Every leader is a steward. God has given you a ministry team made up of people with specific gifts and talents. He hasn’t only done that for your benefit or for your church’s benefit. He wants you to help them grow and develop.
You’ll never know what God wants to do through the people you lead. But you do know that God has given you an opportunity to shape their lives and ministries while they are in your life.
So how can we bring out the best in the people we lead?
During my years in church ministry, I’ve seen good leaders—the kind of leaders who make others better—consistently show five traits in their leadership. I’ll share the first two in this article, and three more in Part 2.
- Accept their uniqueness completely.
Start by recognizing the unique value of each person on your team. It’s not an accident that God made each of us different. Ephesians 2:10 says, “For we are God’s masterpiece. He has created us anew in Christ Jesus, so we can do the good things he planned for us long ago” (NLT).
That verse is true for every single person on your ministry team. God prepared good works—unique good works—for each of them. You get the opportunity to be a part of God’s plan to shape those good works.
As you lead people, two enemies will fight against your efforts to recognize their uniqueness.
Too often, we take specific God-given characteristics of certain people on our team and encourage others to model them. It’s easy to always highlight the outgoing person on your staff who makes inviting people to church look effortless. Or, maybe even worse, we compare our staff members to people at other churches.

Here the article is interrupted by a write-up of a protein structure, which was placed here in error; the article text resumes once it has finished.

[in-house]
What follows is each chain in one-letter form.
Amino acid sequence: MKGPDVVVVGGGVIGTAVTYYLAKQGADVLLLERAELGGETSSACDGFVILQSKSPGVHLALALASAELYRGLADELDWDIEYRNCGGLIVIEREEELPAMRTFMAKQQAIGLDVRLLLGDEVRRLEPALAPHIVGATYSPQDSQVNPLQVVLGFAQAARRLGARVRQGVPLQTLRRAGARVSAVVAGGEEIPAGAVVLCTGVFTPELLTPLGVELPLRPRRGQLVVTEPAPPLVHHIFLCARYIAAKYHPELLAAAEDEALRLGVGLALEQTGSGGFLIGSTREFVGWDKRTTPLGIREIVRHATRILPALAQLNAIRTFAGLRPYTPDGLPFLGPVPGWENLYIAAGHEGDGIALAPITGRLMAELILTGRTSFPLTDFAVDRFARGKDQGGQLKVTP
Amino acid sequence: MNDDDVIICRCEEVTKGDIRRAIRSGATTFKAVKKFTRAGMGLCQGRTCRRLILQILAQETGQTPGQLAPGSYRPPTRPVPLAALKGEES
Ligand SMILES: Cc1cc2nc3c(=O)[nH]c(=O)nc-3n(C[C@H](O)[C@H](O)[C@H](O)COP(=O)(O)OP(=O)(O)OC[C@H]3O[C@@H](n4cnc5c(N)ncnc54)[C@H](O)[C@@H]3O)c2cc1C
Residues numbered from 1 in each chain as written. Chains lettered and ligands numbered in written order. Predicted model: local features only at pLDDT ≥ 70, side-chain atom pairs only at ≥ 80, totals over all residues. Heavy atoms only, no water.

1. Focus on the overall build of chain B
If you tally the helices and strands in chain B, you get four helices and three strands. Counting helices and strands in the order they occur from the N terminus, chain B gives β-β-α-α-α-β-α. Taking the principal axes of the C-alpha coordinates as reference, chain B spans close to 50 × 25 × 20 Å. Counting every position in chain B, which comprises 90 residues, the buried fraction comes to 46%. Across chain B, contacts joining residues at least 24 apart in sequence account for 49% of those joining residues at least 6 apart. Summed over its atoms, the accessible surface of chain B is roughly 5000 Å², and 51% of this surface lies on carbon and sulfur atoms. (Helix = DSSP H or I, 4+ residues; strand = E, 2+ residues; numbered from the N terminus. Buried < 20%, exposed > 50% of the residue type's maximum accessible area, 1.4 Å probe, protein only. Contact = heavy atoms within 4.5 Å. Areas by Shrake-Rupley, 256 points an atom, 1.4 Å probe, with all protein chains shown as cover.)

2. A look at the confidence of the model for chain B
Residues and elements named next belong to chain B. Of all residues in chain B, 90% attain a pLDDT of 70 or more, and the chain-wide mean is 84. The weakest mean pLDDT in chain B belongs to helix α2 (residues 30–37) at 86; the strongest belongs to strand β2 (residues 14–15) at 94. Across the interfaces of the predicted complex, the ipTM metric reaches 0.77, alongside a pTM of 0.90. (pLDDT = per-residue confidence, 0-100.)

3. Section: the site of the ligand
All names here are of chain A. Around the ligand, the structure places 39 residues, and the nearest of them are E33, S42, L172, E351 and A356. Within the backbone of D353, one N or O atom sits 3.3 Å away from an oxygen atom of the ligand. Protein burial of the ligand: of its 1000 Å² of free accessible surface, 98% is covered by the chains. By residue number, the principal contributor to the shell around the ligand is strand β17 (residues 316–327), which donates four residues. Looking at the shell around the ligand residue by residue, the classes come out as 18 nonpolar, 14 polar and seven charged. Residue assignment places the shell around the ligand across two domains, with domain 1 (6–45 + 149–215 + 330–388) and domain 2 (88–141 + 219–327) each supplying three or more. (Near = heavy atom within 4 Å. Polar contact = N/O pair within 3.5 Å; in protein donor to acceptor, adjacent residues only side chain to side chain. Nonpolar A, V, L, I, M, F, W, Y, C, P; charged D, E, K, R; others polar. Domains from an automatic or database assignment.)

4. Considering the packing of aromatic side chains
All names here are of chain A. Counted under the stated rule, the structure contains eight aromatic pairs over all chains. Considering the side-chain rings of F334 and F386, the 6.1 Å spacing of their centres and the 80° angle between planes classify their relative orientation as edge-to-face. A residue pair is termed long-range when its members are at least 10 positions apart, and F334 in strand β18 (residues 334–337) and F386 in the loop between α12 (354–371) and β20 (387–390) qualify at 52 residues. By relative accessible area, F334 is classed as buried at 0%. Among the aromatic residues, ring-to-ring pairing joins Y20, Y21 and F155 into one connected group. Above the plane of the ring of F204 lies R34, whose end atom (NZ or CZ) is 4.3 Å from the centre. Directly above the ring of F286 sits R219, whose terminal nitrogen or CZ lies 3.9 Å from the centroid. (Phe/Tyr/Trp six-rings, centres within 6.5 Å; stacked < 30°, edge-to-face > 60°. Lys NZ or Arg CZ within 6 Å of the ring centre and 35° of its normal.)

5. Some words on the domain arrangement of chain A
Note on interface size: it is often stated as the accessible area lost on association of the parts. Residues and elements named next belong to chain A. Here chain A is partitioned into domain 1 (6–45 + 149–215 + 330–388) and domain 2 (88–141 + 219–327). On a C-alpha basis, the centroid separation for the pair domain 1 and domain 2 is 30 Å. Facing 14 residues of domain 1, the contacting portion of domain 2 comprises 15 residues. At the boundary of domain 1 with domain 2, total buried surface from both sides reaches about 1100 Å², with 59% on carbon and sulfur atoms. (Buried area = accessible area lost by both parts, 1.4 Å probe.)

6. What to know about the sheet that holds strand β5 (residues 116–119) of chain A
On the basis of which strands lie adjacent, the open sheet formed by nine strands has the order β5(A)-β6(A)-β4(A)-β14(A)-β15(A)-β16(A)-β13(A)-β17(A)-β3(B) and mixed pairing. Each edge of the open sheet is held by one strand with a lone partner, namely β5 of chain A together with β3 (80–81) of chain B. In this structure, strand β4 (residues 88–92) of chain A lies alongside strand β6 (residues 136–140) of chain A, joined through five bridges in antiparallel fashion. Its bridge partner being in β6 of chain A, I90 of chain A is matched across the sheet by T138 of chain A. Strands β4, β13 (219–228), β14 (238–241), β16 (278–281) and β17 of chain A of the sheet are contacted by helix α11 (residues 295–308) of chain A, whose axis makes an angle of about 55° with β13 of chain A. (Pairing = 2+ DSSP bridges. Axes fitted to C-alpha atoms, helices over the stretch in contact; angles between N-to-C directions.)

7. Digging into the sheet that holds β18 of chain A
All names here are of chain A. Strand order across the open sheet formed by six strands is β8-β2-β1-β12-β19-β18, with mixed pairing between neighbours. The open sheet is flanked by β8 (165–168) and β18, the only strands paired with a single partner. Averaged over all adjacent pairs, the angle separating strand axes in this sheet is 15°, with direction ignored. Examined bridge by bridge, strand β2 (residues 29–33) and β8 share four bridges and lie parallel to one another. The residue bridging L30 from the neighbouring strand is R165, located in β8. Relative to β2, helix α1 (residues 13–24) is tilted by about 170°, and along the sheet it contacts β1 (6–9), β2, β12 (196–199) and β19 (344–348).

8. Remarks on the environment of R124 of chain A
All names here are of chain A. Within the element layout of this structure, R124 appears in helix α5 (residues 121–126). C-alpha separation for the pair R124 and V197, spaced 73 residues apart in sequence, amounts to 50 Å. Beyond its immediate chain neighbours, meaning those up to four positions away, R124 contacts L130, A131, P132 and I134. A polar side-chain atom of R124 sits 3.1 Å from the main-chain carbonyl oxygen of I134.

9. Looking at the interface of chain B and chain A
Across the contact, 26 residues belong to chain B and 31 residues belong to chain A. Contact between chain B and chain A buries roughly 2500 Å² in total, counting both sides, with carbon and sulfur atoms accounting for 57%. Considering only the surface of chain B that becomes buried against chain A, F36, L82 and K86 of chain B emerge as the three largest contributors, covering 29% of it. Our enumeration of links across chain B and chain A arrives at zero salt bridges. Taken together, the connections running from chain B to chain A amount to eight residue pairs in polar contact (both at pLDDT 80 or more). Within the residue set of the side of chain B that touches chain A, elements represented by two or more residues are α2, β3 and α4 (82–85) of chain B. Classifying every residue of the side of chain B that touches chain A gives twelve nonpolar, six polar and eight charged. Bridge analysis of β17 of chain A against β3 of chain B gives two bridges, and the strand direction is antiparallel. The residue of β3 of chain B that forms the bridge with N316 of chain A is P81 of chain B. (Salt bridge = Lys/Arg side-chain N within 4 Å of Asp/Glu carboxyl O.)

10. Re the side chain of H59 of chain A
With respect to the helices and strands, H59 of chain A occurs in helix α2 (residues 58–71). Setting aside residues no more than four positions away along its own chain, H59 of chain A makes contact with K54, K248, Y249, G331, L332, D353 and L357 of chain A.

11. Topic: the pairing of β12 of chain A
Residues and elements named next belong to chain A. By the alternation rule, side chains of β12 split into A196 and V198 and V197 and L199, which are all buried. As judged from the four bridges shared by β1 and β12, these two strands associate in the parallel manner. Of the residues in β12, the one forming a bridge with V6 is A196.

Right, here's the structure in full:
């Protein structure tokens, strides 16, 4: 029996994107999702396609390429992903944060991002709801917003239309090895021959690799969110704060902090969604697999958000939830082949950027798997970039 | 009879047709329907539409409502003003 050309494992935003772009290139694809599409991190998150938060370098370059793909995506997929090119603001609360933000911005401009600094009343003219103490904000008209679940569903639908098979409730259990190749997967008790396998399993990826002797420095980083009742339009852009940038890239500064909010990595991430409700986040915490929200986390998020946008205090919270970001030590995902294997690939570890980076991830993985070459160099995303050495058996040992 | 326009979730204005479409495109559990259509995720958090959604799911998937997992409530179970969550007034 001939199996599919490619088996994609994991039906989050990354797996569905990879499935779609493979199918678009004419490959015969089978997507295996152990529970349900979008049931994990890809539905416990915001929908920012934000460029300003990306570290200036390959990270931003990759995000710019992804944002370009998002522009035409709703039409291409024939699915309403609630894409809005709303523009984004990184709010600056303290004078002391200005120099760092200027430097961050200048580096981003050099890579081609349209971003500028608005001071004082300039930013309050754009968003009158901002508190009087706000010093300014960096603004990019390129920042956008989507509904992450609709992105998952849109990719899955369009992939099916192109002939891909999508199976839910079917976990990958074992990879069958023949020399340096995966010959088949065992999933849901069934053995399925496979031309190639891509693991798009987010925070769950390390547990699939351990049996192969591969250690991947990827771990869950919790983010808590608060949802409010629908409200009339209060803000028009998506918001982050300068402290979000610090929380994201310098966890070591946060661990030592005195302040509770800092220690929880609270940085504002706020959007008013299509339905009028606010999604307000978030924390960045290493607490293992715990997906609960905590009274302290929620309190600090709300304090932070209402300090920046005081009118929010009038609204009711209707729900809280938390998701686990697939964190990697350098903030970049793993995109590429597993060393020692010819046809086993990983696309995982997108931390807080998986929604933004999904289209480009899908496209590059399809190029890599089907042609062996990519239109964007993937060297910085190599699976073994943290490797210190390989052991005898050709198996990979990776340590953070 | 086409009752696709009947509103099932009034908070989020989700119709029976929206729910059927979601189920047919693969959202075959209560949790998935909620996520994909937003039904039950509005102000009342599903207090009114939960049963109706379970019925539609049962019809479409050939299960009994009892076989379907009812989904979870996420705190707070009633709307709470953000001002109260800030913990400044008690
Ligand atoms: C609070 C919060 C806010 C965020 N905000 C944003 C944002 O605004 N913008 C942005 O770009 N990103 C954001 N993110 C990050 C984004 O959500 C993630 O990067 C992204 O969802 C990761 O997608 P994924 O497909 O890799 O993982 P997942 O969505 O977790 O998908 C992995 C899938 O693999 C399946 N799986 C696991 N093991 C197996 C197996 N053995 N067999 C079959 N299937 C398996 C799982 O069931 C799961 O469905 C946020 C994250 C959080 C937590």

This can be tough for leaders. Either subtly or overtly, we tend to tell people that they should be like us. And we end up rewarding, promoting, and providing ministry opportunities for those people only.
God didn’t call you to shape people in your own image. You need people around you who have different skills. Your church will be better because of those differences.
The Bible says in 1 Corinthians 13:5, “Love does not demand its own way” (TLB). If you love the people you lead, you won’t make them conform to your image. You can’t help them until you accept who they are.
- Affirm their value constantly.
It’s not enough to accept the uniqueness of the people on your team. You need to affirm them as well.
We tend to affirm the people on our ministry teams when they have birthdays, reach employment milestones, or achieve a ministry goal. But most people have a much deeper “affirmation bucket” than we realize. That bucket is never full. You can never affirm someone too much. We all have a deep hunger to be valued and understood.
So, what should you affirm about the people on your team?
- Effort – Your team won’t win big with every initiative you try. If you’re not failing, you’re not taking big enough risks. You want to reward people who will take risks and show effort. If people see you only rewarding individuals when they succeed, they’ll stop trying. They’ll learn that success is all that matters, and they won’t risk failure
- Loyalty – Most of the people on your team could make money elsewhere. Some might even get better prestige if they moved on. So it’s important that you, as the leader, recognize people for their faithfulness.
- Uniqueness – As I mentioned earlier, every person on your team is unique. Take the time to recognize that uniqueness. The unique skill sets of the people on your team are critical to your success. When you see someone serving others in a manner that’s consistent with their God-given shape for ministry, affirm them. Let them know that their contribution, no matter how different, has been seen and is appreciated.
- Ideas – We enhance our team’s creativity when we give them the freedom to present new ideas to us. Everybody on your team is creative in some way. It’s part of what makes us human. Too many churches have policies and traditions that kill creativity. Be a church that affirms it instead. You’ll always get more of what you affirm in others.
Build affirmation into your ministry team’s culture. Don’t just do it when everyone expects it. Demonstrate it regularly, so your team learns to affirm one another.
Read Part 2 of this article HERE.